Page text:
3. Goodness for its own sake is intrinsically better than goodness for a reward.

Goodness for the hope of a reward can be wrong, that’s for sure. It’s often a mask for self-serving self-interest. Self-sacrificial goodness, on the other hand, is the ultimate good, for as Jesus said, there is no greater love than to lay down one’s life for another.

Most of our actions lie somewhere between those extremes of total hypocrisy and ultimate self-sacrifice, however. I like to wash the dishes at home when my wife is away. I do it quite intentionally with the hope and expectation that I’ll get a big smile from her when she gets home. Sara has the world’s best smile, so that’s quite a reward for me. So is my motivation mixed up?

Of course when I do the dishes it isn’t just for her. It’s also so my own home looks better and is easier to live in. That’s a reward, too. Is it ignoble to do good for reasons like that?

Back to Sara and her smile, though. I do the work for my own benefit, but I do it more happily when it’s with the that it’s going to make her happy. What then if it made her happy but she didn’t reward me with that world-class smile of hers? Then something would be amiss there. Her joy is normally expressed in her smile. That’s how it’s supposed to be.

Suppose, though, something else was going on that was troubling her, something that overshadowed her appreciation of the work I did. Then at least I’d know I had done something to make her world better. Even without her smile I would find that thought rewarding.

Now, is that a sign that my motives were impure — that I was working so that I could feel happy inside about making her happier?

I don’t think so. It’s a sign of a normal loving relationship. If I didn’t enjoy the thought of her being happy I’d be a monstrous sort of husband. If I didn’t enjoy making her happy I’d be a louse. So doing good for her is inextricably connected with making her happy which is inextricably connected with my own happiness. There’s nothing wrong with those motivations being tied together that way. It’s the way the world is supposed to work.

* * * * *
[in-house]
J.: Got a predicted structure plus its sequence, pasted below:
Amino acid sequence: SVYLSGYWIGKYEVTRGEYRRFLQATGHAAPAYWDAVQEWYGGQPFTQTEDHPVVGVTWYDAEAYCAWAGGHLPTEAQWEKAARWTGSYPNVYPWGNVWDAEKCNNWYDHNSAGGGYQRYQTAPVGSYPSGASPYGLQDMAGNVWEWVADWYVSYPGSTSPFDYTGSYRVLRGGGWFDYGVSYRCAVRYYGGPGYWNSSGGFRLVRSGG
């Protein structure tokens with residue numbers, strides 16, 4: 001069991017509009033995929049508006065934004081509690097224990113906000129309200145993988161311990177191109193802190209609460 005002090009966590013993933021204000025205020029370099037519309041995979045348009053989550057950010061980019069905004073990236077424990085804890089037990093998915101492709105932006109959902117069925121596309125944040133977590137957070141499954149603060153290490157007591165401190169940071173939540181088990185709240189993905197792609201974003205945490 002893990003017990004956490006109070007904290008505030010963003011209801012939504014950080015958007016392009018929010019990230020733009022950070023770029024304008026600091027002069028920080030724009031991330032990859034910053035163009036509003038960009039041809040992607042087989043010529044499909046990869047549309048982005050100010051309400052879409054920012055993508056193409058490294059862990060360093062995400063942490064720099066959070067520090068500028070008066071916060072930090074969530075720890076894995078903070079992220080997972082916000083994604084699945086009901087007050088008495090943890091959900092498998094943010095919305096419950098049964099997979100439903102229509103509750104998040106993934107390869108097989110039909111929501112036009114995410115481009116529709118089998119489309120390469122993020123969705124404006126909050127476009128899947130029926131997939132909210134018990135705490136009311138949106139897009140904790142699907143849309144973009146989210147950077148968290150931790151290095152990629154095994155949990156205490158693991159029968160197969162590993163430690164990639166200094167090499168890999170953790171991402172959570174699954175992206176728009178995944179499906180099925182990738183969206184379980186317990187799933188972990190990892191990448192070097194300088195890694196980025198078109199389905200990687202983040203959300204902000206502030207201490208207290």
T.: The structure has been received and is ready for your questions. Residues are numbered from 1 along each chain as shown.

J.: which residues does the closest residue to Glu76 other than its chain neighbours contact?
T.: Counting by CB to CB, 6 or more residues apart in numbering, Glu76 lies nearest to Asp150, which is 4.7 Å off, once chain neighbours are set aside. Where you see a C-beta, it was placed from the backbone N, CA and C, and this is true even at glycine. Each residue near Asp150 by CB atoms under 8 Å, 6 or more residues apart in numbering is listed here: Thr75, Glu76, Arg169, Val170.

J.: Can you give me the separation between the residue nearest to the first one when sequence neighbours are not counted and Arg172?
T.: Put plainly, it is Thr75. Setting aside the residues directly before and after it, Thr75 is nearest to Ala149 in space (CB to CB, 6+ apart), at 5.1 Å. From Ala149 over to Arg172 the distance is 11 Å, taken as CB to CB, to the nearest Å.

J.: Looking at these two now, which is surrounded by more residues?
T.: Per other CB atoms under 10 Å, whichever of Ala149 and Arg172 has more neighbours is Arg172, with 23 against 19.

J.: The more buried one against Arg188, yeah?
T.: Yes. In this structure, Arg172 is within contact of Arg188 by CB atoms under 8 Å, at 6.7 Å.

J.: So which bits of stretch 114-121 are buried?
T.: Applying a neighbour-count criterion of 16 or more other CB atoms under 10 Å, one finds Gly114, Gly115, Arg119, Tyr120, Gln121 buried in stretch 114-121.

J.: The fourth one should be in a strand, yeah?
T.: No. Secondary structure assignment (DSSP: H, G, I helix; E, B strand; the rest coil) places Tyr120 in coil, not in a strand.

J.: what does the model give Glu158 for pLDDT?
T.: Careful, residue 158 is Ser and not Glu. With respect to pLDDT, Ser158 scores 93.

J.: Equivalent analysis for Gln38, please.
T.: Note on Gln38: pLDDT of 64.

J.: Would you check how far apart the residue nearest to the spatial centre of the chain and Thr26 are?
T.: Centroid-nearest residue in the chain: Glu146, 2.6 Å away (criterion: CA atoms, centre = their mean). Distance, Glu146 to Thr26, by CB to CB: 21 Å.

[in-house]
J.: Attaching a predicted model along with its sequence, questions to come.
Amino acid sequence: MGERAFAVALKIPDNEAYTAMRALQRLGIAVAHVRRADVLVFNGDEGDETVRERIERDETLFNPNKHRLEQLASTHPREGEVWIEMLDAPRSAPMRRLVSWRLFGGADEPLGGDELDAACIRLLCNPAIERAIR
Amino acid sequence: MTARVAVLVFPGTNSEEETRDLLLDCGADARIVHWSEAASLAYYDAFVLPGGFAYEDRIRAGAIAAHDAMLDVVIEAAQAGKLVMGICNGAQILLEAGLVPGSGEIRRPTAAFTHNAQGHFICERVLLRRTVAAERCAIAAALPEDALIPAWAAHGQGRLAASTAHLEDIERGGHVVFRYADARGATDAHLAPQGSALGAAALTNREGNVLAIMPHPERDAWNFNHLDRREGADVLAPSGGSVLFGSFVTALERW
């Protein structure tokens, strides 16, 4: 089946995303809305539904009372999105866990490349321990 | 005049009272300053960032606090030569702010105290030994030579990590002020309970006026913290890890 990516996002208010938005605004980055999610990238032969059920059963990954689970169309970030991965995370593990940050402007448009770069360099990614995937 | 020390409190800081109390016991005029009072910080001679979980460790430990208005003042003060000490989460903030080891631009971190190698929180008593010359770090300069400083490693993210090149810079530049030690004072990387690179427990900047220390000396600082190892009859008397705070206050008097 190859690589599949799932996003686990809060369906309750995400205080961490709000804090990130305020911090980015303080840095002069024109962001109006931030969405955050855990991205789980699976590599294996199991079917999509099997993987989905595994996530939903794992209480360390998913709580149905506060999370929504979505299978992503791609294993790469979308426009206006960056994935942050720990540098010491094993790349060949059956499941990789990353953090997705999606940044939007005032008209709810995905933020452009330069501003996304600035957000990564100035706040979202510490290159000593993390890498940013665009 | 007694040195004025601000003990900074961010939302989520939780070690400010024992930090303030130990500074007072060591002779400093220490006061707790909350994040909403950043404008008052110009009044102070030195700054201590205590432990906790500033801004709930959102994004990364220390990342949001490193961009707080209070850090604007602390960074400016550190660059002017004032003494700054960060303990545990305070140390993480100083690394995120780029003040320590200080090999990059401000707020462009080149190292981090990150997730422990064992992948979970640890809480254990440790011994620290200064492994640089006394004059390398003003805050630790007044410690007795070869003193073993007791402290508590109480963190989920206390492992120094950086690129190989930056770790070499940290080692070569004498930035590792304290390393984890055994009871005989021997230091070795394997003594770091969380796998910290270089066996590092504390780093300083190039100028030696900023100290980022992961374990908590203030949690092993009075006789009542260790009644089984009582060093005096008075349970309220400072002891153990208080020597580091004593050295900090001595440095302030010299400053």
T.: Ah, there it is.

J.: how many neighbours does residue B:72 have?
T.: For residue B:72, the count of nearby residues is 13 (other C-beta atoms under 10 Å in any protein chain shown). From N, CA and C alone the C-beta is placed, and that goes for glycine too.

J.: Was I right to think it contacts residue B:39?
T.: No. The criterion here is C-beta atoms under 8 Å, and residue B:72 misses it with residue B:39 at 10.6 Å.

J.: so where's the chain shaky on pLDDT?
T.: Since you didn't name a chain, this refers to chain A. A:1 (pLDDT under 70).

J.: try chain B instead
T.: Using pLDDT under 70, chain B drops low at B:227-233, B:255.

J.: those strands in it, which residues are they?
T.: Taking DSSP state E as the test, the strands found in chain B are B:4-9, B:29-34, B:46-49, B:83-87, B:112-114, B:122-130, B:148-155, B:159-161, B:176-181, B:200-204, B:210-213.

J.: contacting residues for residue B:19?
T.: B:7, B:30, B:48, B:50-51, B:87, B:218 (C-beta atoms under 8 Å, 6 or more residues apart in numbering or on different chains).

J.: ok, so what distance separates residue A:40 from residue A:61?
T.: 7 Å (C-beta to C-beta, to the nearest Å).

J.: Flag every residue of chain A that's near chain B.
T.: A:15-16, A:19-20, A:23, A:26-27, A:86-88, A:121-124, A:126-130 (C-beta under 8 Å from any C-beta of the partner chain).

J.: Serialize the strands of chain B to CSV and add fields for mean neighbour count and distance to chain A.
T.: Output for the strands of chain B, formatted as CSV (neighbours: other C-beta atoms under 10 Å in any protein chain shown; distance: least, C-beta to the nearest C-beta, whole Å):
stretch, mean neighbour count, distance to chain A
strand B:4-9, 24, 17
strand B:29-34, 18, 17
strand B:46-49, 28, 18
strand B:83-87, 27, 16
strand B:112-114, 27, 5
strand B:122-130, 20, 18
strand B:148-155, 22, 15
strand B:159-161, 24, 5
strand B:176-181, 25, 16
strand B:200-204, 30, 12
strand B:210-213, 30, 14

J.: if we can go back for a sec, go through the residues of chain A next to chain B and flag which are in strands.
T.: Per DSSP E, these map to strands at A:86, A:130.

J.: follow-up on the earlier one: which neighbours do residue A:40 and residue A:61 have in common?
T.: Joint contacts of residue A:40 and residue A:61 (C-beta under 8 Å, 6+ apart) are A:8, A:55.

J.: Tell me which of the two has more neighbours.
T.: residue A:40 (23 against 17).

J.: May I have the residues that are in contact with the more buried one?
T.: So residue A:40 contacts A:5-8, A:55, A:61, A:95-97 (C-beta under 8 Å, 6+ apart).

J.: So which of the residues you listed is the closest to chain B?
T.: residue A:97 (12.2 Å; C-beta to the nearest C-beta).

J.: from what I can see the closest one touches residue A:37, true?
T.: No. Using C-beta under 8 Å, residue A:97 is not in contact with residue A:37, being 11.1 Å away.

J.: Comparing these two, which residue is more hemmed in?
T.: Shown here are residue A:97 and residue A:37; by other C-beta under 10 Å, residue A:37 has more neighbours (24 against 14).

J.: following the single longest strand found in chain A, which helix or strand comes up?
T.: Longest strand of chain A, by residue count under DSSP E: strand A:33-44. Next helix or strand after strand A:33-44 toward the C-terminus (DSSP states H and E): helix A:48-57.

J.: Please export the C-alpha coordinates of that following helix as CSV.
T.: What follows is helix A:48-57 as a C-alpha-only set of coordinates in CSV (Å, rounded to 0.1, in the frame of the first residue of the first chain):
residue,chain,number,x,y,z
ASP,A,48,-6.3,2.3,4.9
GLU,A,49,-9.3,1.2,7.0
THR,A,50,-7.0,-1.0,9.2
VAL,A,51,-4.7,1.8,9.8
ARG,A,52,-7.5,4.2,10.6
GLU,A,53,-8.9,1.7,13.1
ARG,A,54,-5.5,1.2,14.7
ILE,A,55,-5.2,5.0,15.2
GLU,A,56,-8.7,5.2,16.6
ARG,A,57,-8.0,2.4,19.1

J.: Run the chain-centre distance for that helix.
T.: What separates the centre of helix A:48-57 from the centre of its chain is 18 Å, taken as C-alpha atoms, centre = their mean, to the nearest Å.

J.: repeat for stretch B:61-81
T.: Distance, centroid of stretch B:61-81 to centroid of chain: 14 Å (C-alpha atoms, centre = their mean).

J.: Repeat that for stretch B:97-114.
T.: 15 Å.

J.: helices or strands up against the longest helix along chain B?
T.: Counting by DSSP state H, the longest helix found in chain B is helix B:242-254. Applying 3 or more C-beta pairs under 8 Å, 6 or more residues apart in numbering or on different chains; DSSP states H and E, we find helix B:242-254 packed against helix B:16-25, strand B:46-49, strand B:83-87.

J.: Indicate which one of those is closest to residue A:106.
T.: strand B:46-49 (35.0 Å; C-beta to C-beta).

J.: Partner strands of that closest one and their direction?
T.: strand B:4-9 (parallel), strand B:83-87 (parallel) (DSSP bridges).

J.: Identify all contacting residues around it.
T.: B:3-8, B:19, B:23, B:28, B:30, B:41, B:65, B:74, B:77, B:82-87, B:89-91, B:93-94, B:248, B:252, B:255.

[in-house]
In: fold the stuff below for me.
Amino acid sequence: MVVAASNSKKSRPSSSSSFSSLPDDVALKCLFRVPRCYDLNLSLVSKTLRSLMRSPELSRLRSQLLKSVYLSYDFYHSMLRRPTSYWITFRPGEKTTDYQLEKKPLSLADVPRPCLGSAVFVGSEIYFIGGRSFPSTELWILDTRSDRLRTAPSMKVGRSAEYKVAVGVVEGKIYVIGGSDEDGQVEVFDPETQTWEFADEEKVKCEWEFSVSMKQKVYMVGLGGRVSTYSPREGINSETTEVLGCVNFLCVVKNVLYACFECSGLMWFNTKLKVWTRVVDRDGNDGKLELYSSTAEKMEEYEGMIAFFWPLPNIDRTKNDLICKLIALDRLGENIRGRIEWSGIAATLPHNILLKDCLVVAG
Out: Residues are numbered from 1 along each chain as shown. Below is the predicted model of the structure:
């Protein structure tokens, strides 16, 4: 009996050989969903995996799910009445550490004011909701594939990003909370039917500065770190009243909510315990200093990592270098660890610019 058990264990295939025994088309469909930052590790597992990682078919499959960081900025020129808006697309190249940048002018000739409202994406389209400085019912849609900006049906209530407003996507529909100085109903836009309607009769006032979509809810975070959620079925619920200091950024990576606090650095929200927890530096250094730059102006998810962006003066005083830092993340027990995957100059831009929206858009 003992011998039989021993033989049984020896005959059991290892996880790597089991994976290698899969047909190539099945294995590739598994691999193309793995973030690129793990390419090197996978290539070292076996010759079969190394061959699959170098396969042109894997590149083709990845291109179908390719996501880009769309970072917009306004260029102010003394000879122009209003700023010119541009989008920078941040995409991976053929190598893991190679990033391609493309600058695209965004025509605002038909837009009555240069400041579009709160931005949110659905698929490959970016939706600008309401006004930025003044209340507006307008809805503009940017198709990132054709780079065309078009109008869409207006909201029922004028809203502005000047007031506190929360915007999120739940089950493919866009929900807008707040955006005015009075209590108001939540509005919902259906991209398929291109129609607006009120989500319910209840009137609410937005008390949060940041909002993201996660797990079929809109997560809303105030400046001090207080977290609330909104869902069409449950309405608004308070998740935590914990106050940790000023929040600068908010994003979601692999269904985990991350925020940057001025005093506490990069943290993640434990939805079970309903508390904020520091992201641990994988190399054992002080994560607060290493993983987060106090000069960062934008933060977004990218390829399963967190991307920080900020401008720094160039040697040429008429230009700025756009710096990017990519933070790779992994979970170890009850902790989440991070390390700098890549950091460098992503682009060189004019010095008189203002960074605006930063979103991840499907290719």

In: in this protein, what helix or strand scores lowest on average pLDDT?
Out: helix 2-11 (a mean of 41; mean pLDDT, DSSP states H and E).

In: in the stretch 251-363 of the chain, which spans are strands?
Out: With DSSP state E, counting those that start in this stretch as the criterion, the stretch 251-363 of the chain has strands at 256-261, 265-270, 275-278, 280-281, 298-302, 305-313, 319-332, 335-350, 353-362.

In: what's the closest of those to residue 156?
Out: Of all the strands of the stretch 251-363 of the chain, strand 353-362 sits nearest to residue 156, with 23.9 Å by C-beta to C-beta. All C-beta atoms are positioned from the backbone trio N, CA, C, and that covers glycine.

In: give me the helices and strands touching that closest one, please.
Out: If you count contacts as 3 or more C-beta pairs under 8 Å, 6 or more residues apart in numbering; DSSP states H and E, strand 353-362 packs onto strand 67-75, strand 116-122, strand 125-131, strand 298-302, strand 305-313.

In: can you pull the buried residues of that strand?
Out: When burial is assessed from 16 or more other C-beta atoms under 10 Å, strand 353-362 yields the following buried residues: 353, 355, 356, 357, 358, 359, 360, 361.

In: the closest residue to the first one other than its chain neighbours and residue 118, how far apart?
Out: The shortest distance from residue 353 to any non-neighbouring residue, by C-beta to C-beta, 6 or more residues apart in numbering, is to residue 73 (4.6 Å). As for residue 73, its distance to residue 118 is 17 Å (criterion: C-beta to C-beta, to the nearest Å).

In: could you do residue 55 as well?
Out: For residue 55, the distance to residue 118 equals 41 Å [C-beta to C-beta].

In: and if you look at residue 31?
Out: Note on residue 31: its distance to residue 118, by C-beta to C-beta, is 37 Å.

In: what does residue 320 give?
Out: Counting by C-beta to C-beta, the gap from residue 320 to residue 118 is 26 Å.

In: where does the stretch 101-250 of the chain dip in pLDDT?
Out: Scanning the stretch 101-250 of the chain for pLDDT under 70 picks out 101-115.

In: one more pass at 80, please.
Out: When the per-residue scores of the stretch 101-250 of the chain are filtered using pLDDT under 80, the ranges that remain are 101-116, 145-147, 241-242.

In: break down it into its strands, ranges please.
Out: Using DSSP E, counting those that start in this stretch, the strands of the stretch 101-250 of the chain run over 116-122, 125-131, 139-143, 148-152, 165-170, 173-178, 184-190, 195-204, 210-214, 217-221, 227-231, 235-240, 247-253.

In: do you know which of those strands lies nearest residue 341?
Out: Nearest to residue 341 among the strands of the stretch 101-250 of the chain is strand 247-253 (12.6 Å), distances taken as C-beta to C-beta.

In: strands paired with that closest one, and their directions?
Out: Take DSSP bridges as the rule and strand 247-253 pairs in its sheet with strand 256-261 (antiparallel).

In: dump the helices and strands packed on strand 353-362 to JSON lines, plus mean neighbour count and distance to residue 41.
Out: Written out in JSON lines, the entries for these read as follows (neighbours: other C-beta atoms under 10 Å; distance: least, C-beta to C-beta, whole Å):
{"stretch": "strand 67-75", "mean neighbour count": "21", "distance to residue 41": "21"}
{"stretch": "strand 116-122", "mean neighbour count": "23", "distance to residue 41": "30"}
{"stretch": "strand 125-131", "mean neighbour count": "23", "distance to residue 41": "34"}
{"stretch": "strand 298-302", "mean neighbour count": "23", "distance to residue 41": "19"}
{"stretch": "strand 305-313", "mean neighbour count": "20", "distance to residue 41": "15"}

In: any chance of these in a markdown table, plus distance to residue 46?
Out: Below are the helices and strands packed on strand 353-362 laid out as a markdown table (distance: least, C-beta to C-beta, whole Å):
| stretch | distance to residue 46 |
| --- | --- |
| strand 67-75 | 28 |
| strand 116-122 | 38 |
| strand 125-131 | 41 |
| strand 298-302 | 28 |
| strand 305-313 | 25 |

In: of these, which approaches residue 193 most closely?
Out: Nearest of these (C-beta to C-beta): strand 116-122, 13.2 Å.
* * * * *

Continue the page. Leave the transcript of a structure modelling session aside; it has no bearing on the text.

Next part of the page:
Similarly, my love for Christ leads me to enjoy that idea that I’m doing well in his name. That’s just as right — it’s just as much in line with the way the world is supposed to work — as it is for me to enjoy doing good for my wife to make her happy.

(By the way, I’m sure she would be even happier if I were this good a husband a lot more often than I am. Similarly, and even more so, for my service for Jesus Christ. I keep talking about doing virtuous things because doing bad things isn’t part of the topic under discussion.)

Conclusion

We’ve looked at the three parts of this atheist claim of superior morality. There are significant questions about some of it, significant misunderstandings about other parts of it, and a doubtful premise underlying the whole thing.

In the end I don’t feel threatened at all by the claim that someone else’s morality is better than mine. I’m not interested in those kinds of comparisons. It isn’t about whether some atheist’s morality arises out of better motivations than mine. It’s about whether atheism is intrinsically better than Christianity.

For that, there is no better place to look than at our founder, Jesus Christ, in whom there is no trace of him abusing his power, or even using it for his own purposes. There is self-sacrifice. There is a complete and unwavering concern for others above himself. He did not come to be served but to serve, and to give his life as a ransom for many (Mark 10:45).

You won’t find that kind of love anywhere else in history or human imagination. Christianity that follows that kind of example is bound to be good, self-sacrificing, loving, and genuine. Sometimes you can even find examples of people living out that kind of Christianity. It’s a beautiful thing when you see it.

Image sources: Sodahead, Atheist Republic